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Kitten Ambassador

Laura Beil

Tri-City Tales Issue No. 8

The emails finally got to Carolyn Skeels in the spring of 2014. As a longtime employee for the City of Cedar Hill, she would receive a message every year from Tri-City Animal Shelter pleading for kitten foster care. Most years, she would read it, think for a minute, and move on to the next email. But then one year she answered: Yes, she could take some kittens.

At the time, she and her husband Chuck never intended to become champion kitten foster parents. It was just something that happened. The following spring—because for the shelter spring means kittens—there was the message again. And again, she responded: They would take more kittens.

Year after year fosters added up: five kittens became 30, and 30 became almost 90. Around the office, she earned the nickname “Kitten Ambassador.” And after that, how could she say no? “When you first start this, you don’t realize how many kittens come through that door,” she says.

At first, her biggest worry was not taking the kittens in, but letting them go. She and Chuck quickly learned that saying goodbye wasn’t as difficult as they feared, knowing that their kittens were off to loving homes. They got snapshots of their kittens all grown up, and even formed some lifelong friendships with the new owners.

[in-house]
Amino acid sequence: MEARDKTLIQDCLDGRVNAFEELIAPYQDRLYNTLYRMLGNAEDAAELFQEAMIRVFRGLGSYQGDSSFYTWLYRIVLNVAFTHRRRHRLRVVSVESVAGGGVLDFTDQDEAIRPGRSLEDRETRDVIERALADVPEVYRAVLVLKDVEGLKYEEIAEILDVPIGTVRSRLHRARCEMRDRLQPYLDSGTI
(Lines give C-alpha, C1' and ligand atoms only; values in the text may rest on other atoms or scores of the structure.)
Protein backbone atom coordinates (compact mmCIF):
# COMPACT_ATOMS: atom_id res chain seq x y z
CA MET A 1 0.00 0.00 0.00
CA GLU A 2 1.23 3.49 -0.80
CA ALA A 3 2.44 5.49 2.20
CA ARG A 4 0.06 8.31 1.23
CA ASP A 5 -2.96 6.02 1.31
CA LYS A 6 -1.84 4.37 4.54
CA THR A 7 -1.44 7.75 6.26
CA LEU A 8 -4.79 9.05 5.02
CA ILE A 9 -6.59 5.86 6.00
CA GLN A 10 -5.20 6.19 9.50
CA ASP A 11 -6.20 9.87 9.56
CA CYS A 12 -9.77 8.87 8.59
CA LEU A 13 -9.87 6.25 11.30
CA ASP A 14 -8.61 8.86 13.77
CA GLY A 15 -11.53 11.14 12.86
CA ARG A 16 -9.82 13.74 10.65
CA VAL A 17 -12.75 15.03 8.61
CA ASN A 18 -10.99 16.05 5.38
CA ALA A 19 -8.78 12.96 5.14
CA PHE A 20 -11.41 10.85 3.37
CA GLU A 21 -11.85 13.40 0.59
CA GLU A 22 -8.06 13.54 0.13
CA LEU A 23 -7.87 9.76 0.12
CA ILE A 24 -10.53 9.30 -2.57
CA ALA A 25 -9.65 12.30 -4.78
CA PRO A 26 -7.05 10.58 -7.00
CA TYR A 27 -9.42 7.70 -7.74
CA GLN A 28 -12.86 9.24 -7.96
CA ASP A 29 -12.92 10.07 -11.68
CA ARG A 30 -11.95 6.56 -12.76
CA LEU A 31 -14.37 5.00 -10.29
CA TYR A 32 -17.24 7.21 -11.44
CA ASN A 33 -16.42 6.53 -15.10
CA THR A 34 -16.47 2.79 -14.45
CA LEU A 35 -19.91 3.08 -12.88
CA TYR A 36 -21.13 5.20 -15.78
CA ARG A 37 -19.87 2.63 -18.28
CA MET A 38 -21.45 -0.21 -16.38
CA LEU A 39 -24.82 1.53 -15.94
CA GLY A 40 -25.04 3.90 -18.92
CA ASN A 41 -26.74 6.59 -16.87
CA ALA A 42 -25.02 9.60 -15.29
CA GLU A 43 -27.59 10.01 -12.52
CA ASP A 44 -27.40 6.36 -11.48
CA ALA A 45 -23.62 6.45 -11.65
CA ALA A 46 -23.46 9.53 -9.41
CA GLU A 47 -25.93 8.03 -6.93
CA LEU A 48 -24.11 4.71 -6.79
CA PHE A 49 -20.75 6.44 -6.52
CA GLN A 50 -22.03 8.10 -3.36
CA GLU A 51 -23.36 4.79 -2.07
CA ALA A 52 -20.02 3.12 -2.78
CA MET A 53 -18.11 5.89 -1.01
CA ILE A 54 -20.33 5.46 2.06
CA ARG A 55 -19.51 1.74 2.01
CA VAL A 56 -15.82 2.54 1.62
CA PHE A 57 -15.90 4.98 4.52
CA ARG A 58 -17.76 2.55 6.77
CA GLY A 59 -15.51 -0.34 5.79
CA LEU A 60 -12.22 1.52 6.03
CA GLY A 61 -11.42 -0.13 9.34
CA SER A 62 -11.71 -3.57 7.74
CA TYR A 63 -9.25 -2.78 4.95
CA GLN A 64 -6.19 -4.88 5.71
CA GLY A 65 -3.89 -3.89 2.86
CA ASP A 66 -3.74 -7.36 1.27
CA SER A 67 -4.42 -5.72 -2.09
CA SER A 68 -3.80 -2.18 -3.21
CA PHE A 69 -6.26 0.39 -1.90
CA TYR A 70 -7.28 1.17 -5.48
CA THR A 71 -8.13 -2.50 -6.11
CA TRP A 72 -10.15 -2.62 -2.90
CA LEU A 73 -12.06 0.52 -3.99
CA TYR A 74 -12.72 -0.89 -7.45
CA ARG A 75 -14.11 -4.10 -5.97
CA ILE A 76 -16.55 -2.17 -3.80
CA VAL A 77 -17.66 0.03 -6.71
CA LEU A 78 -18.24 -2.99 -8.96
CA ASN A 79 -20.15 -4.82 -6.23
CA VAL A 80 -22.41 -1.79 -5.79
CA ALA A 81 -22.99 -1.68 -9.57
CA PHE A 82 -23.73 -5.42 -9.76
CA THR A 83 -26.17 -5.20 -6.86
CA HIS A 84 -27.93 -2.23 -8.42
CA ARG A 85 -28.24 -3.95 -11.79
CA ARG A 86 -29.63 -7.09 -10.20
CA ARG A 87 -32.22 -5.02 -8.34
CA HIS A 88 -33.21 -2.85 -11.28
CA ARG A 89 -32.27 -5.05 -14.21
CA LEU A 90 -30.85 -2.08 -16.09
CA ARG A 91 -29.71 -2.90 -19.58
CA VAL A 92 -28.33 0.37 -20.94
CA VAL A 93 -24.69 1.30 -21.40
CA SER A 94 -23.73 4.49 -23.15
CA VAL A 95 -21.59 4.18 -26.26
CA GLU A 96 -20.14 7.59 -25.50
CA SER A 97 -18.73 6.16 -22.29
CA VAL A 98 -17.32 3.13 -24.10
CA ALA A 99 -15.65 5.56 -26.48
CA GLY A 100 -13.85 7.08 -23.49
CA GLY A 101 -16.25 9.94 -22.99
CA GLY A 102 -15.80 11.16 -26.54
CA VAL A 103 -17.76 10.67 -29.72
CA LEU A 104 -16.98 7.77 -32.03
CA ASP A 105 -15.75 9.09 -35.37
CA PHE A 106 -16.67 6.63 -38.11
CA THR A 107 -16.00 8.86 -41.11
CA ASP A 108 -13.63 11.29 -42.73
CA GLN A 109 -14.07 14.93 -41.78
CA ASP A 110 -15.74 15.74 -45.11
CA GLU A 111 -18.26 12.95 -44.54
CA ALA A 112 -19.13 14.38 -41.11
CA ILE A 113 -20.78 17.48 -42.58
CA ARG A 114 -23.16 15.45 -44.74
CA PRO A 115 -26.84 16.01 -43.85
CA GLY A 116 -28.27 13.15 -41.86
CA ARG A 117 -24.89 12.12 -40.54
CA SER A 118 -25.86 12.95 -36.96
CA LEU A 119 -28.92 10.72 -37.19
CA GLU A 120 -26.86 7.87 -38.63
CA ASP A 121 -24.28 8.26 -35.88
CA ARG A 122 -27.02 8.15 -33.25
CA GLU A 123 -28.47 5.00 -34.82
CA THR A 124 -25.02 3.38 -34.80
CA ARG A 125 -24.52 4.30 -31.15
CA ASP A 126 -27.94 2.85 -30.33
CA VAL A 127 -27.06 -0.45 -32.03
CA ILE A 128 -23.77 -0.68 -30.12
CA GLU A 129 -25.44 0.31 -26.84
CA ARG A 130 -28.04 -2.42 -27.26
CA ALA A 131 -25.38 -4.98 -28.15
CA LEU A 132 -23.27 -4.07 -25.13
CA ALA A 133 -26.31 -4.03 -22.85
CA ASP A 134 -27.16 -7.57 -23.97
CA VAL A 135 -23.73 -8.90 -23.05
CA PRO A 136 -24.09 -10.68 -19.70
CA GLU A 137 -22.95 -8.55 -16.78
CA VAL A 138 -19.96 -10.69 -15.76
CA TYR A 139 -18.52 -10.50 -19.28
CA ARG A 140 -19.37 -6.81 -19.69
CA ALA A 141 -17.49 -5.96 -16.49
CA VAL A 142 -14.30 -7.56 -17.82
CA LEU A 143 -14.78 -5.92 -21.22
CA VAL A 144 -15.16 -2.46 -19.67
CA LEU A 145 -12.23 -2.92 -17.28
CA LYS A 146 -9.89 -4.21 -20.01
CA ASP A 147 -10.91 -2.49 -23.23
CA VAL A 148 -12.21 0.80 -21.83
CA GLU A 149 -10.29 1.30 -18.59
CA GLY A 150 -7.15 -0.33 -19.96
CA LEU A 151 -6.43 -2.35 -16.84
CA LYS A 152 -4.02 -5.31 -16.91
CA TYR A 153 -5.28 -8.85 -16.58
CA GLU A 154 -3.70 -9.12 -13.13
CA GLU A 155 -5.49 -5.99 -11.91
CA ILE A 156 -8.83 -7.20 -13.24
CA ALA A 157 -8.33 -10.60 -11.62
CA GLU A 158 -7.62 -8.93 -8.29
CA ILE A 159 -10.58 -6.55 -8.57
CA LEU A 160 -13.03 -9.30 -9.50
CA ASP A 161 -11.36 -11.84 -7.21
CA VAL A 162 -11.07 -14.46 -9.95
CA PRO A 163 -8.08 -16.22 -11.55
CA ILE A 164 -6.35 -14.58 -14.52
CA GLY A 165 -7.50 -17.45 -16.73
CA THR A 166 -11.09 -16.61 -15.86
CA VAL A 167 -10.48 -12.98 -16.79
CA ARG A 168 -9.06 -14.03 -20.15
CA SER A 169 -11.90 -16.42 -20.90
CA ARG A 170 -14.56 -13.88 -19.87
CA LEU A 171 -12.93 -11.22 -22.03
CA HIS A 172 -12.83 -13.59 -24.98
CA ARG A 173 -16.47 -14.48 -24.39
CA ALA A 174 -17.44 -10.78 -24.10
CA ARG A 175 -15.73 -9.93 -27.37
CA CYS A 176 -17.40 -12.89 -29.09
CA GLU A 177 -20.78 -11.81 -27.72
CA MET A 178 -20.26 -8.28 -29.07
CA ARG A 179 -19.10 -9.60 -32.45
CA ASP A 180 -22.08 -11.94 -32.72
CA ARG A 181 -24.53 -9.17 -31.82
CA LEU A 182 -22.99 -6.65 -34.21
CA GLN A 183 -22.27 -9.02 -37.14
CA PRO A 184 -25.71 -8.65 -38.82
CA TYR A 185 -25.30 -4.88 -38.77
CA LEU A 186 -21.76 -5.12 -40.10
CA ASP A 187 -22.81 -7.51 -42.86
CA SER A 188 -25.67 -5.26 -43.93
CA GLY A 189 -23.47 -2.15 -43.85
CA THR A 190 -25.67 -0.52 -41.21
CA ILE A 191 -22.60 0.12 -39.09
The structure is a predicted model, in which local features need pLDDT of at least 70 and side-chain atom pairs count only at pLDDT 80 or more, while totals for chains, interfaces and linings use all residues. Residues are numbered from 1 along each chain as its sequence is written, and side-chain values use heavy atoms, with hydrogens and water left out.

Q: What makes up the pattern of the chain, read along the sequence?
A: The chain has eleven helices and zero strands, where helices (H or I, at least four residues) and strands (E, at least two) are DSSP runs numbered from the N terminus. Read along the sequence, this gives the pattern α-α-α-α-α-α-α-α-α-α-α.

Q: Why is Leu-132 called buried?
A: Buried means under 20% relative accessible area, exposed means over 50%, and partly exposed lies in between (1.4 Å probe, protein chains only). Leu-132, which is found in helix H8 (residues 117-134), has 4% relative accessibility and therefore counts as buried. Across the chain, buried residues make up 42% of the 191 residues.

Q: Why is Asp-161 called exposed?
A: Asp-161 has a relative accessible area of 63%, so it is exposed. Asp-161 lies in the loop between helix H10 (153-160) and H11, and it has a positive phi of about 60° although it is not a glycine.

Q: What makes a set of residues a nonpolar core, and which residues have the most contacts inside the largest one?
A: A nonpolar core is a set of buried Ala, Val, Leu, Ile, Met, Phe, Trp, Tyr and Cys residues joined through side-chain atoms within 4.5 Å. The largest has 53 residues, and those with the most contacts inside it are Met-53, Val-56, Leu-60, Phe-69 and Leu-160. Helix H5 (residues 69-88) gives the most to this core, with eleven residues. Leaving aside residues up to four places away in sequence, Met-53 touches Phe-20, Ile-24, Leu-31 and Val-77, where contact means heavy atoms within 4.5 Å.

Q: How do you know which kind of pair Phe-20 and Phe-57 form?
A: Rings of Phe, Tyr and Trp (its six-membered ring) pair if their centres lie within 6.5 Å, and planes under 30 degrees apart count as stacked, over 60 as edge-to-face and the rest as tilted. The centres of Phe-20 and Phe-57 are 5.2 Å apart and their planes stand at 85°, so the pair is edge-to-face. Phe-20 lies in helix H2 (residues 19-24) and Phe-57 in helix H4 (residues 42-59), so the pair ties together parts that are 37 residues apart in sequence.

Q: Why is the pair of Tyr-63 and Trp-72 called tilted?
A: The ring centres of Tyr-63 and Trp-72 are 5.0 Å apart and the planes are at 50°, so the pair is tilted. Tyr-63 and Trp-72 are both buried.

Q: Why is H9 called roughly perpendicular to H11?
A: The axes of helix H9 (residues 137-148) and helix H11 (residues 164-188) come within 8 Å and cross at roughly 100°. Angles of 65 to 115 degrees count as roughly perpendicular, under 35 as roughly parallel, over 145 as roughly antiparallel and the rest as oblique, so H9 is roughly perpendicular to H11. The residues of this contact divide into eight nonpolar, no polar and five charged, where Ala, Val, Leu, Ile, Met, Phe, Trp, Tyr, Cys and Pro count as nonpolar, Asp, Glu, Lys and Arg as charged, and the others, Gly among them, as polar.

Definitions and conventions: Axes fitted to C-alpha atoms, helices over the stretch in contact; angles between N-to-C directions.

One man saw the Facebook photo of a tabby named Tiger, adopted the little guy on the spot and decided to become a foster kitten parent himself. Today, he lives in Hawaii but he and the Skeels are still in touch, still exchanging cat photos.

Some kittens arrived frightened and feral. To adjust to life indoors, they needed more daily attention than the threadbare shelter staff could spare.

Chuck sometimes came home from work and crouched on the floor with kittens too scared to show themselves, inching a dish of food closer day by day, until finally they allowed him to touch them. “If they don’t get foster care, they don’t get the love and support they need to start out their lives,” he says.

Other kittens arrived sick or injured. The Skeels tried to nurse each one back to health, saving all the lives they could. One came in with severe eye infections in need of specialty care. By the time she had overcome her problems, she was practically part of the family. They named her Ellie, and she never left. (Of the 87 kittens they have raised, five became permanent foster fails.)

            Last year, the Skeels kitten career came to an end, when they retired and moved to Carolyn’s home state of Missouri.

They miss the joy of giving kittens a loving start to life, and say they would gladly foster again if they could find a local program. And they hope that others will now answer the Tri-City message: Yes, we can take some kittens.

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